Can headaches be linked to neck pain?
There are many different types of headaches with a variety of causes, however they can be categorised into two main groups – primary and secondary.
- Primary headaches are caused by problems with pain-sensitive structures in the head – they are not related to underlying illnesses.
- Secondary headaches are a symptom of an underlying condition, such as infection, injury or tumour
- Cervicogenic headaches are a type of secondary headache and may manifest as the result of neck pain.
There are a number of pain-sensitive structures in the head and neck which may cause pain in the presence of an underlying issue – these structures include the joints, ligaments, nerve roots, and muscles of the neck. The way these structures cause pain/headaches is summarised below:
Cervicogenic headaches and tension headaches have many similar features, and they are the two most common types of headaches. It can therefore be difficult to differentiate between the two.
A physiotherapist will be able to assess your symptoms by asking a series of questions, and performing a physical assessment to determine the underlying cause.
How can physiotherapy help with headaches?
Physiotherapists can implement a variety of active and passive techniques to address symptoms of cervicogenic headaches and work to treat the cause. This typically involves facilitating movement of the neck, shoulder and jaw joints and muscles.
Manual therapy (mobilisation, massage, stretching) to address soreness around the neck, shoulder and jaw may help to relieve the headache symptoms and contribute to treating the underlying cause.
Guided mobility and strengthening exercises to address deficits in mobility and strength around the neck, shoulder and upper spine will help to improve strength and reduce the likelihood that these symptoms persist.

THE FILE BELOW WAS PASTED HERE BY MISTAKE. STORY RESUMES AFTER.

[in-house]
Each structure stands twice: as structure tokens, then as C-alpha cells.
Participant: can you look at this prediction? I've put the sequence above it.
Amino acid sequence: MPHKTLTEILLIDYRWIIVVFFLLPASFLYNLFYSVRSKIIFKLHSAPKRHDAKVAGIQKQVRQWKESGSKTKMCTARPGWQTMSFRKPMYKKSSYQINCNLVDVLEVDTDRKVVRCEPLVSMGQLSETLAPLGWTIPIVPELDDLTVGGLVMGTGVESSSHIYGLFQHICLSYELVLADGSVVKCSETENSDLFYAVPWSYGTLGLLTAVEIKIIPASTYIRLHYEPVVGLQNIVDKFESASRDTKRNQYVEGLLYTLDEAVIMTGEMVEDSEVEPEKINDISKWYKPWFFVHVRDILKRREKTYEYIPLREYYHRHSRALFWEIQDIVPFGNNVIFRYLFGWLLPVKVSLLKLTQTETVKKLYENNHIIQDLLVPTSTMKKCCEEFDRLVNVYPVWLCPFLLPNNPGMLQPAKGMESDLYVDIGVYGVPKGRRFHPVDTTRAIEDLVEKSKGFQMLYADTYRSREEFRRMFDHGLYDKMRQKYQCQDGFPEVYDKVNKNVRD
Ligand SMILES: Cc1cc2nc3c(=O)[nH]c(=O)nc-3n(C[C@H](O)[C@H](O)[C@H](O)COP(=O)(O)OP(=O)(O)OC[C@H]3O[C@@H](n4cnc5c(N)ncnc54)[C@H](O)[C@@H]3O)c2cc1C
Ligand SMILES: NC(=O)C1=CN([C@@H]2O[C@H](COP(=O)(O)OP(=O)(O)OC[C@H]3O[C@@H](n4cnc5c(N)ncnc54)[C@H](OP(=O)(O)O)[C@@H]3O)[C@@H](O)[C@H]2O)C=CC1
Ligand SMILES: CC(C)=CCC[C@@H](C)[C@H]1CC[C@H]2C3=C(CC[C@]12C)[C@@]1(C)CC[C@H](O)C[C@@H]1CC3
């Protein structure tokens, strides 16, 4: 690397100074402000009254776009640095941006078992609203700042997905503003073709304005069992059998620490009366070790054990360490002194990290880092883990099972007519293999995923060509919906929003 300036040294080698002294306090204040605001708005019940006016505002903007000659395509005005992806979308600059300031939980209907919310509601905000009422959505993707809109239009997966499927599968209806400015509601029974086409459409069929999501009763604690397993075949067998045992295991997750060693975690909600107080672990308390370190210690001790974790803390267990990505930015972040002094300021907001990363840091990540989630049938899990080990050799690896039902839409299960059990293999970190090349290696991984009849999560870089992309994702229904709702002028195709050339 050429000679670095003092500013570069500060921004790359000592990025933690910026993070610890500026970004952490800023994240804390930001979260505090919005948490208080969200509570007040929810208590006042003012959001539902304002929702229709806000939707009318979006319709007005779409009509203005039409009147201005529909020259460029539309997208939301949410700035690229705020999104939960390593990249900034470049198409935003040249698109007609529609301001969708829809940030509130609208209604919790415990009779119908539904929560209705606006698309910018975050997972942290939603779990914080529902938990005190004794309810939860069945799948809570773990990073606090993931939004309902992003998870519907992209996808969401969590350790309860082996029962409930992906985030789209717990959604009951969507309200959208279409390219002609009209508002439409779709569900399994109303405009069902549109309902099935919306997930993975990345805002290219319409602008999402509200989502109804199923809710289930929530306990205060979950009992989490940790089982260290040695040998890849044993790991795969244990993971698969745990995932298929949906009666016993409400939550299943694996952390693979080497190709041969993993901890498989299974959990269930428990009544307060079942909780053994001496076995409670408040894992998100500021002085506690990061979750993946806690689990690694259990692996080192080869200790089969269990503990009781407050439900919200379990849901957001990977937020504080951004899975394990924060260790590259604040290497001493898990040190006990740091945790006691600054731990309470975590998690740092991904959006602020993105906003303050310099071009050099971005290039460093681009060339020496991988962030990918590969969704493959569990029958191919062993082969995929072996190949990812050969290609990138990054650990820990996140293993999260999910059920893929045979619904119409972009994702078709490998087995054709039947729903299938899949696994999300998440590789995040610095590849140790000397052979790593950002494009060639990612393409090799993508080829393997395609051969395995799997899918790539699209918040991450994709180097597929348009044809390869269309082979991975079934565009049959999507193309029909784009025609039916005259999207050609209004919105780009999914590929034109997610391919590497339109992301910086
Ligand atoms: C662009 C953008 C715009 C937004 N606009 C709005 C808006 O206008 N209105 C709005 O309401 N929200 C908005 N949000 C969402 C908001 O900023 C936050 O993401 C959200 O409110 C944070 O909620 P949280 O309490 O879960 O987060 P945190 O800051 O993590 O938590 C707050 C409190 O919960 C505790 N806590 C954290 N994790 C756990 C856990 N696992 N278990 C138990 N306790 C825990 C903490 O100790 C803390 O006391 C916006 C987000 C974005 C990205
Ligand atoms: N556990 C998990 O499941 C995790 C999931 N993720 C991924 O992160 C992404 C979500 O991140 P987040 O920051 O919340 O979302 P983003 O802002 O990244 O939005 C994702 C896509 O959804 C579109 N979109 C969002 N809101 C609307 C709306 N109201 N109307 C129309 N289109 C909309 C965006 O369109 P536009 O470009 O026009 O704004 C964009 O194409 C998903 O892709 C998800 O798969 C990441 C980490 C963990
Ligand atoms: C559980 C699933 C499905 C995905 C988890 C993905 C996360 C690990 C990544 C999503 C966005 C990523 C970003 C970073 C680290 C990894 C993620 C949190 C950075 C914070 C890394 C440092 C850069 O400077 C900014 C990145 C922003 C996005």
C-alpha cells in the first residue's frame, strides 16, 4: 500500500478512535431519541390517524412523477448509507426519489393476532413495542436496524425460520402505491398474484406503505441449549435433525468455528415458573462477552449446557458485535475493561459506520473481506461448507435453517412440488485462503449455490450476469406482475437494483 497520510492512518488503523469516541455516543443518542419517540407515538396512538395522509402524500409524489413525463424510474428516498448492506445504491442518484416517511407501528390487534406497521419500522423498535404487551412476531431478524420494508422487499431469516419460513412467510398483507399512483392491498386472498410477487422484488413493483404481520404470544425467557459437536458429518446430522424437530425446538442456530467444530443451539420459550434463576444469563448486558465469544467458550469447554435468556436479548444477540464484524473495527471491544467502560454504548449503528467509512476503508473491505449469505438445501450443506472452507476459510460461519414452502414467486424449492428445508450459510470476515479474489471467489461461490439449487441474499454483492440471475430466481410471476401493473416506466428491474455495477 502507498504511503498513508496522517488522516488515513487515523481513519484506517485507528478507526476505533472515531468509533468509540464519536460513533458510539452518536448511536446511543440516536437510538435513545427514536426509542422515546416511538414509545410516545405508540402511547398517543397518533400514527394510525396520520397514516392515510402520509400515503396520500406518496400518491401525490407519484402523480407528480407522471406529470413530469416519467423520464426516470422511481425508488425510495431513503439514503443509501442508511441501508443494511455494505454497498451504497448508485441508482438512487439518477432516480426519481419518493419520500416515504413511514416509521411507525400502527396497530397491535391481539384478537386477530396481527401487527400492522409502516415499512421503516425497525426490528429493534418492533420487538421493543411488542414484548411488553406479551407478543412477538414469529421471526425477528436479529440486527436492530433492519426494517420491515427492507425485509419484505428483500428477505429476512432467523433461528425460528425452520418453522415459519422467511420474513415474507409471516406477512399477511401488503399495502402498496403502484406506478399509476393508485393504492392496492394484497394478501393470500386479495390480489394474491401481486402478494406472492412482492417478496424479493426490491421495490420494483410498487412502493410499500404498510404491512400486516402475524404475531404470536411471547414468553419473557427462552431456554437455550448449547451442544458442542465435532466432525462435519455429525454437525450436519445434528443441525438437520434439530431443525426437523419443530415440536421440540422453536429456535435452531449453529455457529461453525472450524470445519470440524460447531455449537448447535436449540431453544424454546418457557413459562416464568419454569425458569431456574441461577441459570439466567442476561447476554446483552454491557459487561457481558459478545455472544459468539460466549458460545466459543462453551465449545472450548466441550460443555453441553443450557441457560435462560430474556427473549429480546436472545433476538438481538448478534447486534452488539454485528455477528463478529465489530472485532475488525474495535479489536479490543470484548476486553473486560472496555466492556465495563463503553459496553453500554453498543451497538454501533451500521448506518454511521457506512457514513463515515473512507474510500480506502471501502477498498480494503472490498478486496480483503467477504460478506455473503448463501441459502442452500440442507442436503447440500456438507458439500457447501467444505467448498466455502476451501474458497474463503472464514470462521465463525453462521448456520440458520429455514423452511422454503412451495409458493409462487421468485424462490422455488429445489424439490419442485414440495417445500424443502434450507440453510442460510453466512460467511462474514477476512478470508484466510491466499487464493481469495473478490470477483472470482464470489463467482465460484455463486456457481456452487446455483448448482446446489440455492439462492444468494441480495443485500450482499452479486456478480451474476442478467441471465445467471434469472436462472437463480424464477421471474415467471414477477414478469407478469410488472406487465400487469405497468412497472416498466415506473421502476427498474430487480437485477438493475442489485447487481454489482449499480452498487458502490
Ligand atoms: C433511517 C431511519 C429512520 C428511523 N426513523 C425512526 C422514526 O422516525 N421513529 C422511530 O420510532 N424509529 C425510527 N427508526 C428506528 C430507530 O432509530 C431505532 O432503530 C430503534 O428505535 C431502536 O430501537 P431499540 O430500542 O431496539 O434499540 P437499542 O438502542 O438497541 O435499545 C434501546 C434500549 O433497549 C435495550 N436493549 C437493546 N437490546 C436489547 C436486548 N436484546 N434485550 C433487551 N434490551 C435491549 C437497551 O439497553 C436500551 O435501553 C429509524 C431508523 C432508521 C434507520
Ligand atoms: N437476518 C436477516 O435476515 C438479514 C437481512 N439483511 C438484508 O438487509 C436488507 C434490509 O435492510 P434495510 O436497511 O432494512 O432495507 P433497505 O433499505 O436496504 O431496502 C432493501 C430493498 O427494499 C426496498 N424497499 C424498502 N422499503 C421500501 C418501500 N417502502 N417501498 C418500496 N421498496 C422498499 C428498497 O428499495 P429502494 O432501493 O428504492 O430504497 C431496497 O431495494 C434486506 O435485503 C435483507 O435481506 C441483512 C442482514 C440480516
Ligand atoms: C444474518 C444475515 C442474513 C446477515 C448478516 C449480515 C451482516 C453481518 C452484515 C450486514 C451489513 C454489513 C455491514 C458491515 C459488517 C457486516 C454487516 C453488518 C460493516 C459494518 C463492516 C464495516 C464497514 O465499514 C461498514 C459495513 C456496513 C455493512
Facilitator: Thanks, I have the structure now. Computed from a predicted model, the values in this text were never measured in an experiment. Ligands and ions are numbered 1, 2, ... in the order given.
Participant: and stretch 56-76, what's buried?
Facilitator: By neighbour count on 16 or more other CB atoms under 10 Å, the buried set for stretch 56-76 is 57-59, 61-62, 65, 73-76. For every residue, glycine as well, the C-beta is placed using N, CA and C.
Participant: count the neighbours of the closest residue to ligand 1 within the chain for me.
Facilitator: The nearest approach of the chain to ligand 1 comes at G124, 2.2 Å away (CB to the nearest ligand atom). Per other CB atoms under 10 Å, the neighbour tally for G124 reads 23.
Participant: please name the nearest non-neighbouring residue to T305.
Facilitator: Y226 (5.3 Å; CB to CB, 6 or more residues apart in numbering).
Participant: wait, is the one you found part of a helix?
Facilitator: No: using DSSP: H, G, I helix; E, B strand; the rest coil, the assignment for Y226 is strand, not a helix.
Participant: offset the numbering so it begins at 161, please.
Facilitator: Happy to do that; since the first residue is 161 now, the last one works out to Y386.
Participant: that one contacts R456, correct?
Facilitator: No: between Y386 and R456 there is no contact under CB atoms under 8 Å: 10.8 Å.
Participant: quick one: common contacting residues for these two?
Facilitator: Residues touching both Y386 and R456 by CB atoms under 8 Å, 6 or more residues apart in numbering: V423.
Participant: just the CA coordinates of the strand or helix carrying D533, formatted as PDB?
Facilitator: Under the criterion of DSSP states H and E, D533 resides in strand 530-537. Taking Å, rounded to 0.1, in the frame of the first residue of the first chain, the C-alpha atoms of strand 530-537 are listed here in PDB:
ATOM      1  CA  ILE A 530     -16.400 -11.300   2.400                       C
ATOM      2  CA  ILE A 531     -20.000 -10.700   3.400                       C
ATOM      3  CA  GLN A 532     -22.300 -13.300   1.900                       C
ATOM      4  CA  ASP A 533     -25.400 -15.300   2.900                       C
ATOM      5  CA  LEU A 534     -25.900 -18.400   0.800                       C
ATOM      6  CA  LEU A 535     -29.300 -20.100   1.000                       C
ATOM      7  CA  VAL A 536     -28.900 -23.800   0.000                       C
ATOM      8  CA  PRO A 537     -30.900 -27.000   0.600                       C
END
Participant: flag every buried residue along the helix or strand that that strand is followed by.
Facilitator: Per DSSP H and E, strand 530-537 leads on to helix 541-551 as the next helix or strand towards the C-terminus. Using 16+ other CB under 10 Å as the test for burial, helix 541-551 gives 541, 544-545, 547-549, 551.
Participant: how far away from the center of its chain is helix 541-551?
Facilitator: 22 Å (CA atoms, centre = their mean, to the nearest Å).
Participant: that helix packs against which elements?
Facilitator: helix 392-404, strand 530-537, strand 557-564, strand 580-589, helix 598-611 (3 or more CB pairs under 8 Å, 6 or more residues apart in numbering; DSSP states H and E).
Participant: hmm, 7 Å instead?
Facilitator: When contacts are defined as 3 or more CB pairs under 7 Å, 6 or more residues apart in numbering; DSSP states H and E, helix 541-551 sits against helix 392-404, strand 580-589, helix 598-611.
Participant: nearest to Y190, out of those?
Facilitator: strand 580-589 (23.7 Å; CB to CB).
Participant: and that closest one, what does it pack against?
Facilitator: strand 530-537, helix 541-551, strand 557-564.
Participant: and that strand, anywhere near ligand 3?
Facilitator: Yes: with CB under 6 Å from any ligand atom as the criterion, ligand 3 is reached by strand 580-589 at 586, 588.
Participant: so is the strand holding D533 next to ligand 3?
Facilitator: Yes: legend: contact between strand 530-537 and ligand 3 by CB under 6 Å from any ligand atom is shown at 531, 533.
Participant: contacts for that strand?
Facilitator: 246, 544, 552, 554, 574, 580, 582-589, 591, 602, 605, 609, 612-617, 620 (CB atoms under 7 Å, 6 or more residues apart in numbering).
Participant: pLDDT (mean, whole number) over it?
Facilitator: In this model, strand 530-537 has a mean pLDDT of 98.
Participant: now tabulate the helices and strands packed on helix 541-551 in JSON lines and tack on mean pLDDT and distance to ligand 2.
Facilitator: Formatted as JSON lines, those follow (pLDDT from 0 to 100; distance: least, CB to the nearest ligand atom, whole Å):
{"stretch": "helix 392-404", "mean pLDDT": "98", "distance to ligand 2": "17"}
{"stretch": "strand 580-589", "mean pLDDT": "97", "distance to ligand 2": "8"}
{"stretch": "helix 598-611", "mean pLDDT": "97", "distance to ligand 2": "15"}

Stress management strategies may help to relieve factors contributing to cervicogenic headache symptoms. Examples of such management strategies include relaxation and breathing techniques, and lifestyle/stressor management.
Sustained poor postures may contribute to the onset of cervicogenic headaches whilst working, sitting or sleeping. A physiotherapist can assess yoursetup and make recommendations for adjustments that may improve your posture and reduce your likelihood of developing headache symptoms.
Key points of advice to help prevent and manage common underlying causes of cervicogenic headaches include:
- Posture – the best posture is the next posture – to the best of your ability try to change positions regularly and avoid being in one position for a prolonged period of time
- Exercise – your physio can give you some exercises to help improve the mobility and strength of your neck, shoulder and spine
- Relaxation – relaxation techniques can help to prevent or manage the onset of cervicogenic headaches
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